Tussaud dedicated her life to an art form and prided herself on the quality of her creations. Accuracy was always the make-or-break metric, and she seldom disappointed. She may never have stuck straws up Napoleon’s nostrils or bent over Jean-Paul Marat’s bloody bathwater to obtain a faithful likeness the way she claimed to have done, but the results still persuaded many a museumgoer otherwise. Her commitment to costume—her meticulous attention to every last button, ruffle, and ring in an outfit—enhanced the effect. For Tussaud, however, making art was the same as making a living. She would not have discerned any meaningful distinction between art and commerce. She worked tirelessly to achieve artistic excellence, to expand and improve her array of waxworks, paintings, statuary, and relics. At the same time, she had her mind on her money and her money on her mind.

As early as the opening of the Den of Illustrious Thieves in the early 1780s, Tussaud was aware of the commercial potential of true-crime entertainment. Decades would elapse before she exploited public interest in criminals to the fullest extent possible. But by the time she made Baker Street her permanent address, she had a corner on the murder market, dishing up thrills unavailable elsewhere. As Tussaud realized, this was risky business. Immortalizing notorious murderers in wax and charging customers to gawk at their effigies could bring down the wrath of the public or the press—journalist Douglas Jerrold certainly gave her a good drubbing in the pages of Punch. Knowing such blowback could hurt ticket sales, Tussaud developed defensive strategies to stave off criticism of the Chamber of Horrors. Today, we’ll think about what the wax museum offered to true-crime culture, how it stood apart from other places of entertainment, and how Tussaud protected herself against her detractors. This is The Art of Crime, and I’m your host, Gavin Whitehead. Welcome to episode 9 of Queen of Crime . . .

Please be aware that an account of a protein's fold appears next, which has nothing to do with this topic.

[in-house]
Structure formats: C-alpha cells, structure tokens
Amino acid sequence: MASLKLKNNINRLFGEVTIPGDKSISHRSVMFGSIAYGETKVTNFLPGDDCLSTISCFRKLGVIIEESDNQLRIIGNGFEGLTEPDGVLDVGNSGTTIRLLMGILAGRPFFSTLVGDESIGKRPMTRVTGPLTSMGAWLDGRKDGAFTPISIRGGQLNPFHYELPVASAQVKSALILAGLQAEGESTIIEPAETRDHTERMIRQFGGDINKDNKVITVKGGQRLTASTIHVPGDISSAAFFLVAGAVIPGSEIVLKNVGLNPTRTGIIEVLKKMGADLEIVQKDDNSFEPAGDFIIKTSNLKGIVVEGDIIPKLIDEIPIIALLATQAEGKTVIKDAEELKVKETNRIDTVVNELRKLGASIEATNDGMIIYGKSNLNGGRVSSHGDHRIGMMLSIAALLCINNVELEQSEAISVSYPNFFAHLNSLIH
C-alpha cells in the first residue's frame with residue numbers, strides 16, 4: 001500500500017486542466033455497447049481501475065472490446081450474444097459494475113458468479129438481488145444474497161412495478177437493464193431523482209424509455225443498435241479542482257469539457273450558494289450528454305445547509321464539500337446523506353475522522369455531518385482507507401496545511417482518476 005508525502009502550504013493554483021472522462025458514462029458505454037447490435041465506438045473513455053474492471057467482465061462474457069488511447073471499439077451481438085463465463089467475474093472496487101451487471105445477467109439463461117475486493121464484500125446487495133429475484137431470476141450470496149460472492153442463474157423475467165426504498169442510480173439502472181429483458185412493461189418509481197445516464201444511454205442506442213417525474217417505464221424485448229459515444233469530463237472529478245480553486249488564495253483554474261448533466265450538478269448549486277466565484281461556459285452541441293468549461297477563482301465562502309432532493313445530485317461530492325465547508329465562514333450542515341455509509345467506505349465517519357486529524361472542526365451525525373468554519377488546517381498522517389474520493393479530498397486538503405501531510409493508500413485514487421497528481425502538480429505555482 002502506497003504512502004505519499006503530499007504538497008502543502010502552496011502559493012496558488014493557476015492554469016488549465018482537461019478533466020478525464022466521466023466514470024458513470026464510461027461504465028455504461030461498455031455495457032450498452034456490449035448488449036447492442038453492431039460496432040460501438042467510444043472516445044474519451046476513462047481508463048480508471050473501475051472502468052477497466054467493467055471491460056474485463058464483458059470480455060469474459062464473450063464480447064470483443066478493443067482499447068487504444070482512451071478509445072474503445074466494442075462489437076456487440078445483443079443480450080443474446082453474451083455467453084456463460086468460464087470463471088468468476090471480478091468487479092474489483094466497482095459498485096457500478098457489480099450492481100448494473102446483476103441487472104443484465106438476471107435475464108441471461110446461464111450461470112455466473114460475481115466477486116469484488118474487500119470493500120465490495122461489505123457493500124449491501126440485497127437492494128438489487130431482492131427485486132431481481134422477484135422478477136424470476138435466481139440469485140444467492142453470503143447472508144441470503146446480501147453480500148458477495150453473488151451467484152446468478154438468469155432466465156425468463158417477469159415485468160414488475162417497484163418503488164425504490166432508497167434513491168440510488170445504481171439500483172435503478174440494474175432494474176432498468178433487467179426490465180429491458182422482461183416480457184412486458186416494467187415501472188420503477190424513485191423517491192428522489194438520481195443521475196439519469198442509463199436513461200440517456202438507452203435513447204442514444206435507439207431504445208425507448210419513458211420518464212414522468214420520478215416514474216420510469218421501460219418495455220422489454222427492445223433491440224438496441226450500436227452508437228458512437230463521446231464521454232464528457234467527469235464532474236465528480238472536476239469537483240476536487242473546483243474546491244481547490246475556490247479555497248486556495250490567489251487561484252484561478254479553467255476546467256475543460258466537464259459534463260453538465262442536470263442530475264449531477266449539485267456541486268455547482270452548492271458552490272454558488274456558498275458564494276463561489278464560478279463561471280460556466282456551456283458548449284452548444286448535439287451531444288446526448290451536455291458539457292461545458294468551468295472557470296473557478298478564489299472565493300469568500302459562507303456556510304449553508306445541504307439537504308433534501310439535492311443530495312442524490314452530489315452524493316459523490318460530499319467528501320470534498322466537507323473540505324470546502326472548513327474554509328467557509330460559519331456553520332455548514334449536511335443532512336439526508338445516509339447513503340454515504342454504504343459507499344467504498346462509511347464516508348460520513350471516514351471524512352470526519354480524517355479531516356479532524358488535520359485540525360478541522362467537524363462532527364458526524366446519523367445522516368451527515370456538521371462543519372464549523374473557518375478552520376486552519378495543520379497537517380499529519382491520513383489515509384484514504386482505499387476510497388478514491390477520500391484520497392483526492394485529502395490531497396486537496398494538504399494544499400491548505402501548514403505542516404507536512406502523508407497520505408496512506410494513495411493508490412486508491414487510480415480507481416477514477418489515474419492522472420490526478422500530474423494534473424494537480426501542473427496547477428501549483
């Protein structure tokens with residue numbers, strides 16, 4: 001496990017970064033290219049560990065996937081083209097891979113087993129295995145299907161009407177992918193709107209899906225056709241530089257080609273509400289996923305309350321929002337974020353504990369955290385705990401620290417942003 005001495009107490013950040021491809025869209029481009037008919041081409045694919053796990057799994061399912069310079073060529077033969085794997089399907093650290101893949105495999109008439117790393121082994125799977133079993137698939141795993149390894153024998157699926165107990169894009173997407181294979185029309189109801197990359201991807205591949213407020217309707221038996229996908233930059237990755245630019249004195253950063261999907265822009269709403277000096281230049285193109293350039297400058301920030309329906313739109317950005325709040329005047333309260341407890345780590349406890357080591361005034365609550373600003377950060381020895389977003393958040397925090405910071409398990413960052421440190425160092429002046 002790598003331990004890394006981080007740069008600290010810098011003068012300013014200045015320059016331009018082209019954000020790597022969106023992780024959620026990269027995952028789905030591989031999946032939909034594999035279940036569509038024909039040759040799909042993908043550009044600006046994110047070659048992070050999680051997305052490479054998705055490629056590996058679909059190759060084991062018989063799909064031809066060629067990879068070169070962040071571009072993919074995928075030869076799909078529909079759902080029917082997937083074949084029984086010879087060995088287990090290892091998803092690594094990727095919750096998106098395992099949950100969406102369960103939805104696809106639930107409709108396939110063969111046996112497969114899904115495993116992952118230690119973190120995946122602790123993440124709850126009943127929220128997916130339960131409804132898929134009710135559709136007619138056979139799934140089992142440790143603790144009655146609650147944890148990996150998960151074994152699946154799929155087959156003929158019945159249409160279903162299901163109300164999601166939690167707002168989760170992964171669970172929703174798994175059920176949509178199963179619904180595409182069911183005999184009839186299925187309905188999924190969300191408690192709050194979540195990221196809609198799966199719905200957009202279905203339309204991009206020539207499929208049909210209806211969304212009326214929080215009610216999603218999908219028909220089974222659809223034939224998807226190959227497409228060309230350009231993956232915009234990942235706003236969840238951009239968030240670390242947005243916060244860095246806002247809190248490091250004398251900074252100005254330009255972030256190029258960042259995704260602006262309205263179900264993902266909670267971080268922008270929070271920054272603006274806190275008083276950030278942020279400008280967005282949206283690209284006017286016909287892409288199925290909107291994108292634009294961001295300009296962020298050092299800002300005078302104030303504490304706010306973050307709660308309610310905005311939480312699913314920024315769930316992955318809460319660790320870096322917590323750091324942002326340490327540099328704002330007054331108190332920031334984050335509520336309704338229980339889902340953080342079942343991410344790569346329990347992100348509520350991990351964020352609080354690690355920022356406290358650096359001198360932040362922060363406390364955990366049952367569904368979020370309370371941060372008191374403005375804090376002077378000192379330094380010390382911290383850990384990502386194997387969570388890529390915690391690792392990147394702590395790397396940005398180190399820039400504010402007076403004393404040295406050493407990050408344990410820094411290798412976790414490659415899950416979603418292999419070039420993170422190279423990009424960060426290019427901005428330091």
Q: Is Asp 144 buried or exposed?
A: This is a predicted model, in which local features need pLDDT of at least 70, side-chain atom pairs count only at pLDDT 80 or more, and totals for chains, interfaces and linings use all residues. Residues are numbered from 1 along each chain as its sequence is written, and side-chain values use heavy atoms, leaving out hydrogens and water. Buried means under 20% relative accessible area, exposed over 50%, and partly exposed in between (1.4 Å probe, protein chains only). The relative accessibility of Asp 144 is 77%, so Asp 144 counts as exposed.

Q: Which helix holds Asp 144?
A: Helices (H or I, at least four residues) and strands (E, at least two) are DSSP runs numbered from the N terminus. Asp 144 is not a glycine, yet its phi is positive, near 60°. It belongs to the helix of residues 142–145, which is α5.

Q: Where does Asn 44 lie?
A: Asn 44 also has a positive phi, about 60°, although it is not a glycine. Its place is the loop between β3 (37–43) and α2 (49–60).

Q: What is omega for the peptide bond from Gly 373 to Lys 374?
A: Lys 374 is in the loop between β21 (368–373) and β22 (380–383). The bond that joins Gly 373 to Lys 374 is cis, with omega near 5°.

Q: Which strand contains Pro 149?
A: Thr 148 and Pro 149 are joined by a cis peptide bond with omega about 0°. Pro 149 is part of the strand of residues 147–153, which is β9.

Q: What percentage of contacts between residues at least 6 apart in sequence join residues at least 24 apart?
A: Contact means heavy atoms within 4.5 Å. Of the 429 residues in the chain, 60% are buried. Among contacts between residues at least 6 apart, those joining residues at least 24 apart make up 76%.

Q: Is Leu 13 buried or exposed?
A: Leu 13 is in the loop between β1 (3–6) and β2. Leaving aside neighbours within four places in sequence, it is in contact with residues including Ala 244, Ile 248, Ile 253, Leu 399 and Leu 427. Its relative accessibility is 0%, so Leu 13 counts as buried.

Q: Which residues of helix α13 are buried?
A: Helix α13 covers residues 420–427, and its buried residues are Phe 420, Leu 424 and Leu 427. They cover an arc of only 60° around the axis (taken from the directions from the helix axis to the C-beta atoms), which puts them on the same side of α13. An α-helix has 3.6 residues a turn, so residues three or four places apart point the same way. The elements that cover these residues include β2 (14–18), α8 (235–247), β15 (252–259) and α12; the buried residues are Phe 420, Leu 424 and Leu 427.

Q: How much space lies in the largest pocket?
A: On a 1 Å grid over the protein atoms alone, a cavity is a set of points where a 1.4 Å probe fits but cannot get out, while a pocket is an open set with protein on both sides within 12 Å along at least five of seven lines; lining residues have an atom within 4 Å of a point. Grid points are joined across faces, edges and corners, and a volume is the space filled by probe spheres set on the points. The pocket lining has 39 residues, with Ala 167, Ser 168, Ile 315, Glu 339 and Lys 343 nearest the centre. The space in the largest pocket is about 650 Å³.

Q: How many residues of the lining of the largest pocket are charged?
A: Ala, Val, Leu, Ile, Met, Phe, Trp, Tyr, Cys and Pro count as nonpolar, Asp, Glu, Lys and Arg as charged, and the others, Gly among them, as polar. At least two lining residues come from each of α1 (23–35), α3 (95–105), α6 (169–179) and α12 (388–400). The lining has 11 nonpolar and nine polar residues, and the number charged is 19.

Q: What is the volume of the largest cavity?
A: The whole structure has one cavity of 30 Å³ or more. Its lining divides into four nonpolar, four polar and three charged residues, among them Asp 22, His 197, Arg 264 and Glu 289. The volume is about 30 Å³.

Risky Business

True Crime Culture Without the Crime

In her time, Tussaud was just one of many true-crime entertainers. Artists who plied their trade in this genre fulfilled two desires among the general public—first, to see what infamous criminals looked like. The morbidly curious took advantage of several opportunities to see offenders in the flesh. They packed the Old Bailey to watch them on trial and rose before daybreak to attend their hangings. While thousands might witness a killer’s trial or execution, there would always be more who missed out on both events. Even those who could attend would have watched from a distance—perhaps from the back of the Old Bailey galleries or from far below Horsemonger Lane Gaol’s rooftop gallows—and many would have desired a closer look at the offender. There was thus a market for true-to-life images of criminals, which enterprising artists drew, engraved, and painted for sale. Charlotte Corday, assassin of journalist Jean-Paul Marat, understood the haunting allure of a murderer’s likeness. She sat for a portrait while she languished in prison, destined for the guillotine. “Just as one cherishes the images of good citizens,” she explained of her actions, “curiosity sometimes seeks out those of great criminals, which serves to perpetuate horror of their crimes.”